• Are there any blind-spots in your life

    From Weedy@21:1/5 to All on Wed Mar 30 00:44:15 2022
    Are there any blind-spots in your life

    Are there any blind-spots in your life that keep you from recognizing
    God's power and mercy? When two blind men heard that Jesus was passing
    their way, they followed him and begged for his mercy. The word mercy
    literally means "sorrowful at heart". But mercy is something more than compassion, or heartfelt sorrow at another person's misfortune.
    Compassion empathizes with the sufferer. But mercy goes further; it
    removes suffering. A merciful person shares in another person's
    misfortune and suffering as if it were their own. [Matthew 9:27-31]

    d. 660

    THE parents of St Zosimus were Sicilian landowners, who dedicated
    their little boy to the service of St Lucy and placed him, when he was
    7 years old, in the monastery that bore her name near Syracuse, not
    far from their home. There his main occupation seems to have been to
    watch near the relics of the saint. The duty was not altogether
    congenial to the little lad, accustomed as he was to a free open-air
    life on a farm, and once, when the abbot Faustus had set him a
    particularly distasteful task, he ran away and went home. He was
    brought back in disgrace, and the enormity of his offence impressed
    upon him. That night, in his dreams, he saw St Lucy rise from her
    shrine and stand over him with a menacing countenance. As he lay in
    terror, there appeared beside her the gracious figure of our Lady
    interceding for him, and promising in his name that he would never do
    such a thing again. As time went by, Zosimus became more reconciled to
    the life of the cloister, his visits home became fewer and shorter,
    and he settled down to the regular round of prayer, praise and
    contemplation with the other monks.

    For thirty years he lived almost forgotten. Then the abbot of Santa
    Lucia died, and there was great uncertainty and discussion over the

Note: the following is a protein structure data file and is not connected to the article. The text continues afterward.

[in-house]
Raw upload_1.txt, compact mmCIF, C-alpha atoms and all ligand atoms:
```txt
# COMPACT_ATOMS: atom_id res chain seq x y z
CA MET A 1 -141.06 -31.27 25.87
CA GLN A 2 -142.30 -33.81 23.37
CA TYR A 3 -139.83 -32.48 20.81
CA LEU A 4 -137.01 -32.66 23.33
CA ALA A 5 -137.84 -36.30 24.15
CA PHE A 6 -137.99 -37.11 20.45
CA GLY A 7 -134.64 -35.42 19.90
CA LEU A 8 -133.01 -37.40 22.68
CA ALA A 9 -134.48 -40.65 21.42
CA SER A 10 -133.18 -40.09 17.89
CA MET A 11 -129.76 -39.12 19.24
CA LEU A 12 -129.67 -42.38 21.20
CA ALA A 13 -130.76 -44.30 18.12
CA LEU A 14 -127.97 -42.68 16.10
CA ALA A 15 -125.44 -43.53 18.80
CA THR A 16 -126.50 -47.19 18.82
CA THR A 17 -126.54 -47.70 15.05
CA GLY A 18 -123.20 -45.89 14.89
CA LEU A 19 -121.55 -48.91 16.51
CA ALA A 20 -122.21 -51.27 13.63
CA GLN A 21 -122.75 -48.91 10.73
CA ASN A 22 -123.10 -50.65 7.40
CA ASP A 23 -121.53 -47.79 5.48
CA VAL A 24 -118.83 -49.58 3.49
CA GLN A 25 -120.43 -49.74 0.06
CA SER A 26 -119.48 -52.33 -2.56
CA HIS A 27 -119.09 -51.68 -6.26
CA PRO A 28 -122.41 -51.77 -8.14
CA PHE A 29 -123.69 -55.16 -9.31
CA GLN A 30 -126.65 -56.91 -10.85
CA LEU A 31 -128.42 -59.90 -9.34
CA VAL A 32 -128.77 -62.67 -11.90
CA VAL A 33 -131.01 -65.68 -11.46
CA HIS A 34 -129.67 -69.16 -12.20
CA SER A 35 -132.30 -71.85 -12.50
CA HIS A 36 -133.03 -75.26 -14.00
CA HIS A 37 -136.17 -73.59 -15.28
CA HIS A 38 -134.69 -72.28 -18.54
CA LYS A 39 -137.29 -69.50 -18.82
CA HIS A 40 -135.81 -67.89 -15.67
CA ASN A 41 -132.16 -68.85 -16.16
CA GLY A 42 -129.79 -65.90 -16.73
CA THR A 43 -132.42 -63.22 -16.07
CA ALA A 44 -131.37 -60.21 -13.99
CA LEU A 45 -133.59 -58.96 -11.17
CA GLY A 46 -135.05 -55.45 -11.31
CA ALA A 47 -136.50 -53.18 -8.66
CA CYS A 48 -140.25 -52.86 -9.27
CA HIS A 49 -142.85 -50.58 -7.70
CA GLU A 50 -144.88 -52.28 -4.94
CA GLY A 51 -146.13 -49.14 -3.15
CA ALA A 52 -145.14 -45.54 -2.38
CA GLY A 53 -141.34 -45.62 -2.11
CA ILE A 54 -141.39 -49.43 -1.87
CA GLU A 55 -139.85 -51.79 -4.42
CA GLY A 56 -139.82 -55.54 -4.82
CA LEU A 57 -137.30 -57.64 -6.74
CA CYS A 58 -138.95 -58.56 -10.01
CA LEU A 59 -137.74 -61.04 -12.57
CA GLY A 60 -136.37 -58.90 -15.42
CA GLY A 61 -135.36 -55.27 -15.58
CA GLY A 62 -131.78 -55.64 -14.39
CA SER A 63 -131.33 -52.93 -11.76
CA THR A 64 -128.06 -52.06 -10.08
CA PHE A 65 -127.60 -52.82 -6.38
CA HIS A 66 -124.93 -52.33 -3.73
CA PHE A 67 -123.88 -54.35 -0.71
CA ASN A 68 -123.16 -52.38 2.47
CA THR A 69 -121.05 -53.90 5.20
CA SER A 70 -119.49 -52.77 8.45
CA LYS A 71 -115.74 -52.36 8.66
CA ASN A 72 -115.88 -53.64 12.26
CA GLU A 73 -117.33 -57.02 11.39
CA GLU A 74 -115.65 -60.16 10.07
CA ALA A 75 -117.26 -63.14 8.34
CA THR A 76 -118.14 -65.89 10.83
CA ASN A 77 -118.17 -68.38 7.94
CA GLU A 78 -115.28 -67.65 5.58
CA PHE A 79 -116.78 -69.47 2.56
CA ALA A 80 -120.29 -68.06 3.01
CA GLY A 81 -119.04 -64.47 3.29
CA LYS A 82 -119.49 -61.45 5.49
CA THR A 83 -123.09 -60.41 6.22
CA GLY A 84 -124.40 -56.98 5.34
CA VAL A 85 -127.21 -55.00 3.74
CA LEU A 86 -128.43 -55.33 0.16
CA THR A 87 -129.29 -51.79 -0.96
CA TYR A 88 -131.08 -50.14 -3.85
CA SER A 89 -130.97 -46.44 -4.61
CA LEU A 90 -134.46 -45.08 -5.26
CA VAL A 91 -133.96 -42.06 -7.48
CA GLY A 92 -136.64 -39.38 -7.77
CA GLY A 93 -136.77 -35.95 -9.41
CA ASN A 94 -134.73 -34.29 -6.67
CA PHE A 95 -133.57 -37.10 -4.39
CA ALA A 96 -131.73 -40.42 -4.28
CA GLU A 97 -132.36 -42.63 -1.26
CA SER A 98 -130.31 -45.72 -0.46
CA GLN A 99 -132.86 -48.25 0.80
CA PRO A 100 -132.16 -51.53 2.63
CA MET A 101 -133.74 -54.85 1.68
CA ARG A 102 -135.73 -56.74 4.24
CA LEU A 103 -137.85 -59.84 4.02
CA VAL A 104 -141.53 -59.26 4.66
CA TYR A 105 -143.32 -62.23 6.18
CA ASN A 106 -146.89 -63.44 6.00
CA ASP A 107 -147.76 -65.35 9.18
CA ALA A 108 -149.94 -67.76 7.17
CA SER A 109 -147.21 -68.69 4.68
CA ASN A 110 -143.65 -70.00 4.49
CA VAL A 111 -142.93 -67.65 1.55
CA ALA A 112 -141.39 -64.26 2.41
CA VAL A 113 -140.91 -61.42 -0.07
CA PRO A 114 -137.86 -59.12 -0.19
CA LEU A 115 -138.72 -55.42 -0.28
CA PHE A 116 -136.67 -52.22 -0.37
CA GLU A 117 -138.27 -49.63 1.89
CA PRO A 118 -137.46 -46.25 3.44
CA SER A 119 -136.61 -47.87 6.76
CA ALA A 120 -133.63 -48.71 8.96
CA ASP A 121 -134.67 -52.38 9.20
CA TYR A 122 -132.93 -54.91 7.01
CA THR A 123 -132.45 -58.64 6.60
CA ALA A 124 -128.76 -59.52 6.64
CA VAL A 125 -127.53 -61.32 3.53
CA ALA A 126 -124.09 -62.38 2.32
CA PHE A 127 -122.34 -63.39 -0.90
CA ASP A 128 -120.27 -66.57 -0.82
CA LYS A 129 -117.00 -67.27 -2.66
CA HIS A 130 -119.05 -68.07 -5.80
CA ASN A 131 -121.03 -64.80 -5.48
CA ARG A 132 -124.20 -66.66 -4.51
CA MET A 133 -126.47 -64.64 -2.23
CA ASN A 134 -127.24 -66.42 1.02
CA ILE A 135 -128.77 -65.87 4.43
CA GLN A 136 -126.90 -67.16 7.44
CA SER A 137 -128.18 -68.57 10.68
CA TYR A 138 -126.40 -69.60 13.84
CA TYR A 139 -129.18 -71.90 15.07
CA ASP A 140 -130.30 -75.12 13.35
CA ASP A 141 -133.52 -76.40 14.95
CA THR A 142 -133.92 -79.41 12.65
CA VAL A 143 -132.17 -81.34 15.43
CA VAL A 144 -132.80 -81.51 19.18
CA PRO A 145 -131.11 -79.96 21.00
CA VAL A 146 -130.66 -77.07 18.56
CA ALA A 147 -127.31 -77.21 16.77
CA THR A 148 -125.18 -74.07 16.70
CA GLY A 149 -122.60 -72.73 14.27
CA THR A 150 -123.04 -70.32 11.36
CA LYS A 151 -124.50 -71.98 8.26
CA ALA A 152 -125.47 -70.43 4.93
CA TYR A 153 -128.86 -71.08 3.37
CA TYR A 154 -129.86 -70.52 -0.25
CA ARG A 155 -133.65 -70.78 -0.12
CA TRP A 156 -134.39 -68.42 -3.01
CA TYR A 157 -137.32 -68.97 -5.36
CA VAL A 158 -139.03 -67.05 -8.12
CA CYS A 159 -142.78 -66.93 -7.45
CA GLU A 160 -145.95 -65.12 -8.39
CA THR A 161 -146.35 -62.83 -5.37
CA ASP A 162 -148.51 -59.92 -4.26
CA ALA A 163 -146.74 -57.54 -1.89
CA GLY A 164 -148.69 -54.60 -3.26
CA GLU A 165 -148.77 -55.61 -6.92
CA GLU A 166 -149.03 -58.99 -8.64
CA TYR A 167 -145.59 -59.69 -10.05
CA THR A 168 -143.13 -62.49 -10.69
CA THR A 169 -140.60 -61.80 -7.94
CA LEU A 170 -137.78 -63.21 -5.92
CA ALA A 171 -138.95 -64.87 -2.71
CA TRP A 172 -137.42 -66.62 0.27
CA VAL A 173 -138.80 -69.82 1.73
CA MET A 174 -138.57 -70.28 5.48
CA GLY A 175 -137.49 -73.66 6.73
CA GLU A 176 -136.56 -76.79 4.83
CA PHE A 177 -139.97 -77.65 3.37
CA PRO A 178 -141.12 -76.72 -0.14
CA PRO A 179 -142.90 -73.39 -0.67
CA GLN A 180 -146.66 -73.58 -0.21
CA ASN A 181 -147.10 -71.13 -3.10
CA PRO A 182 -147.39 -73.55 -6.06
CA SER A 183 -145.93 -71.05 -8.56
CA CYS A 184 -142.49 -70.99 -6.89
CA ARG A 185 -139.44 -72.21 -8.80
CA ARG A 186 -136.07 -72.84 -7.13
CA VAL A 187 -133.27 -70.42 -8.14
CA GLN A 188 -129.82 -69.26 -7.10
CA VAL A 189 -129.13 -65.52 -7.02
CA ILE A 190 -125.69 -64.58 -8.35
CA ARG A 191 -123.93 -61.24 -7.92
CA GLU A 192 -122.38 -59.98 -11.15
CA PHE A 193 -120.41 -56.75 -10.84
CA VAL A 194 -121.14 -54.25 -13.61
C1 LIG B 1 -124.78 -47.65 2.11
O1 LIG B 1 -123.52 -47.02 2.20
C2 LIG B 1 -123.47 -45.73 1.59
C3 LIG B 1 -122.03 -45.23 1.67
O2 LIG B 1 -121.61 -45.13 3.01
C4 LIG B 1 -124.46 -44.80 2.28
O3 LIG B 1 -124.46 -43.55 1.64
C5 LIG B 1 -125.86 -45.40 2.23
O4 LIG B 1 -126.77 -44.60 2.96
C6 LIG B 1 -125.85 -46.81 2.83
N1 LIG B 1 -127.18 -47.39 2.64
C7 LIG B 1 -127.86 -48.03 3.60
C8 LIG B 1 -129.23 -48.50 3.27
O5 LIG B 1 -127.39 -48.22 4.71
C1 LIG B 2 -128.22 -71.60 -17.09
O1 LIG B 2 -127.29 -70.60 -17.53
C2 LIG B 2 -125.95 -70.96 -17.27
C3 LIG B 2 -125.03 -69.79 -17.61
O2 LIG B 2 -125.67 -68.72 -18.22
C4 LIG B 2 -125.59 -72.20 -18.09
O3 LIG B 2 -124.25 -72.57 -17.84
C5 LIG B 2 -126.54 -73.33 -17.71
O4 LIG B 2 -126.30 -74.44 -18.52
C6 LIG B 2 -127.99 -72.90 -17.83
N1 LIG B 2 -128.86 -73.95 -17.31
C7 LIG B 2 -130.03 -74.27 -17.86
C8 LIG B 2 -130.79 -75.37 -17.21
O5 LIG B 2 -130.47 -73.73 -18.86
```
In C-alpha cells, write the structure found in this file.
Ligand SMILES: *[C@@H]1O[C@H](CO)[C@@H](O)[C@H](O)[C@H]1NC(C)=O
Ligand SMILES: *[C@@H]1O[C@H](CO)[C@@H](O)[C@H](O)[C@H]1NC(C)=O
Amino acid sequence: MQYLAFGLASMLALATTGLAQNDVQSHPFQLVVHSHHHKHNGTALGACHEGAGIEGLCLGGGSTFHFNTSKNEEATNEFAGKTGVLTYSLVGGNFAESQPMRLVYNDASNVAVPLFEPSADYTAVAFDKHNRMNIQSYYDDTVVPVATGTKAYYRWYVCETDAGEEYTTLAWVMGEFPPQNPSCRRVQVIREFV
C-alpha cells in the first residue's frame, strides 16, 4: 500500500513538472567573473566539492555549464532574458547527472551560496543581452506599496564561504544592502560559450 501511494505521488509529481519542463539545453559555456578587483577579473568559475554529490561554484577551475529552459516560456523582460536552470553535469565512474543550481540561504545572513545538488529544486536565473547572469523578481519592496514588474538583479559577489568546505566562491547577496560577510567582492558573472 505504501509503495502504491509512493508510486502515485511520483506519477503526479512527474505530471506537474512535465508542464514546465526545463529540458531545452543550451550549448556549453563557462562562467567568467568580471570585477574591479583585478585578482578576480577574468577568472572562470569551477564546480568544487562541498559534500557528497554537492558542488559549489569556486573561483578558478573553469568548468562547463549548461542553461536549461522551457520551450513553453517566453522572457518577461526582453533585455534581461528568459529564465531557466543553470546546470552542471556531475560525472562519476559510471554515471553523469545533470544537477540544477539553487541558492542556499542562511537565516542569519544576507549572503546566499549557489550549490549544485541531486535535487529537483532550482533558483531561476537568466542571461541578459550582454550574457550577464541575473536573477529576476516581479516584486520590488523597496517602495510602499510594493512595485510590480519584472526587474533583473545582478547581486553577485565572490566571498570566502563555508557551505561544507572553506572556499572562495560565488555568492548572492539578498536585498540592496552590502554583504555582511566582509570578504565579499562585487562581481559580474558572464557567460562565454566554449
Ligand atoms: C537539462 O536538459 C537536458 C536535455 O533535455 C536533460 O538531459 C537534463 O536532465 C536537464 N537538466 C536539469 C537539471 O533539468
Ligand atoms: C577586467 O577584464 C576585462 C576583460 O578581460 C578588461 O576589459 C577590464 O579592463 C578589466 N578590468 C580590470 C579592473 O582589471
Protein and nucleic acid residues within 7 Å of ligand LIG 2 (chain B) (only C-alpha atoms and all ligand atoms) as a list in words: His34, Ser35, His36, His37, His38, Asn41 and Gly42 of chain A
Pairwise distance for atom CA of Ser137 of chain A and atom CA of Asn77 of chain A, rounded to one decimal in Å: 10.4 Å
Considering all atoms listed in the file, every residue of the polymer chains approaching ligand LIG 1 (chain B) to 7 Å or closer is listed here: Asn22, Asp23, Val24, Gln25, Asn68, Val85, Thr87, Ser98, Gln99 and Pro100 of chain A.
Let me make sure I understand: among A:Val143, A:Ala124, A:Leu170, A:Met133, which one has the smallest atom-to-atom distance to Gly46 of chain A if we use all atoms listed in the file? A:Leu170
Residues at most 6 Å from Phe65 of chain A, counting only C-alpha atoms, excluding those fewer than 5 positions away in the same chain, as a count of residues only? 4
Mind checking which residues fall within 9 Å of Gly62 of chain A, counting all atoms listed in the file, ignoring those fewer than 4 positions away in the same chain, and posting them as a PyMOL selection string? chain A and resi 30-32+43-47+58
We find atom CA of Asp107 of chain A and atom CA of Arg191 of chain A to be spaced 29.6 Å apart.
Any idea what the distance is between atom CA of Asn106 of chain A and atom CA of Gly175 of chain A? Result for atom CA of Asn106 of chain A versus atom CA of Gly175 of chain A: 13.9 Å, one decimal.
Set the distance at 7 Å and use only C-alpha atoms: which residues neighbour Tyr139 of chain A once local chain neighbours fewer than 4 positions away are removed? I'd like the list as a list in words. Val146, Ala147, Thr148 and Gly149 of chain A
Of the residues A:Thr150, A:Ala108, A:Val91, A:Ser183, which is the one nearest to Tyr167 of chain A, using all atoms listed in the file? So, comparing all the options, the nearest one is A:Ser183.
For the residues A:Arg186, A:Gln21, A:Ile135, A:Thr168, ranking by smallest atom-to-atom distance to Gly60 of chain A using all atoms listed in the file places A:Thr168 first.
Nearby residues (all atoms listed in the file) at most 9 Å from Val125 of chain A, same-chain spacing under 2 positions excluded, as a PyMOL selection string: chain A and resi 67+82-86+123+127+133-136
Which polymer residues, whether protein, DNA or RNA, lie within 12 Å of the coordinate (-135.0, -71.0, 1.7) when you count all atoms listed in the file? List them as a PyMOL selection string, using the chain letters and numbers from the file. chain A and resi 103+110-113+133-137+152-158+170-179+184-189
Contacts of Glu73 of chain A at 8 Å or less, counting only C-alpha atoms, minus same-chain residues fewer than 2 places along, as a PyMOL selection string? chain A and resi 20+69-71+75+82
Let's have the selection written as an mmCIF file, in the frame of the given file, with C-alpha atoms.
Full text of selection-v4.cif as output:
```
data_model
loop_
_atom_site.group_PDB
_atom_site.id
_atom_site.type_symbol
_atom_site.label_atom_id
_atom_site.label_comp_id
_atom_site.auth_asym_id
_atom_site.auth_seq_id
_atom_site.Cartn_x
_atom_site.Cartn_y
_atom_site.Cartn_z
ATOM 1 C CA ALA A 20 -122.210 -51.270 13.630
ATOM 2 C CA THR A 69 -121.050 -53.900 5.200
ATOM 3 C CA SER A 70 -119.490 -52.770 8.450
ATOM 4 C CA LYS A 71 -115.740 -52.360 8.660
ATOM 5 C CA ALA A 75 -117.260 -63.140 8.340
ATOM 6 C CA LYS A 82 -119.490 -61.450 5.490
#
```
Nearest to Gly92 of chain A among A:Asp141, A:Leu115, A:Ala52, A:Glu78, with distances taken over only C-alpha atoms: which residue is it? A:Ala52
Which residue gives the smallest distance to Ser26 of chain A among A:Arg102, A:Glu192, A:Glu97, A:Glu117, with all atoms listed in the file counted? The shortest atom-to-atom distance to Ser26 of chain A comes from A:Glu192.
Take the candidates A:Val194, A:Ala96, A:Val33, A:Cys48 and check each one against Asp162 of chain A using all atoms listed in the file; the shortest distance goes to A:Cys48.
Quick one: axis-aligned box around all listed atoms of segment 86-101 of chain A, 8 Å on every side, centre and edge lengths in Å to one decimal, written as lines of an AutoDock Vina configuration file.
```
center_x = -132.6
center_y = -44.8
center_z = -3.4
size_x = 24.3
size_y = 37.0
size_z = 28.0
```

choice of a successor. Finally the monks went in a body to the bishop
    of Syracuse and begged him to make the appointment for them. The
    prelate, after scrutinizing them all, asked if there was no other monk belonging to the convent. Thereupon they remembered Brother Zosimus,
    whom they had left to mind the shrine and to answer the door. He was
    sent for, and no sooner had the bishop set eyes upon him than he
    exclaimed, “Behold him whom the Lord hath chosen”. So Zosimus was
    appointed abbot, and a few days later the bishop ordained him a
    priest. His biographer says that he ruled the monastery of Santa Lucia
    with such wisdom, love and prudence that he surpassed all his
    predecessors and all his successors. When the see of Syracuse fell
    vacant in 649, the people elected Zosimus, who, however, did not wish
    to be raised to the dignity, whilst the clergy chose a priest called
    Vanerius, a vain and ambitious man. Appeal was made to Pope Theodore,
    who decided for Zosimus and consecrated him. In his episcopate the
    holy man was remarkable for his zeal in teaching the people and for
    his liberality to the poor; but it is difficult to judge of the
    historical value of the anecdotes which purport to have been recorded
    by a contemporary biographer. At the age of nearly ninety St Zosimus
    died, about the year 660.

    There is a short and fragmentary Latin life printed in the Acta
    Sanctorum, March, vol. iii. See also Cajetan, Vitae Sanctorum Sicul.,
    vol. i, pp. 226-231, and animad. 181-183. Gams describes him as a
    Benedictine, but he is not noticed by Mabillon; he was perhaps a “Basilian”.

    "Thou oughtest not to let a day pass in which thou hast not trampled
    upon thy will; and if such a thing should happen, consider that on
    that day thou hast not been a religious"
    --St. John Climacus

    St Mary Magdalen de’ Pazzi was extremely fond of not doing her own
    will, and made a study of it, so that she regarded that day as utterly
    lost in which she had not in some manner broken and denied it.

    (Taken from the book "A Year with the Saints". March - Mortification)


    We entreat you, O most holy martyrs, who cheerfully suffered
    most cruel torments for God our Saviour and His love, on
    which account you are now most intimately and familiarly
    united to Him, that you pray to the Lord for us, poor sinners.
    May He infuse into us the grace of God, to enlighten our
    souls to love Christ as you loved Him!

    --- SoupGate-Win32 v1.05
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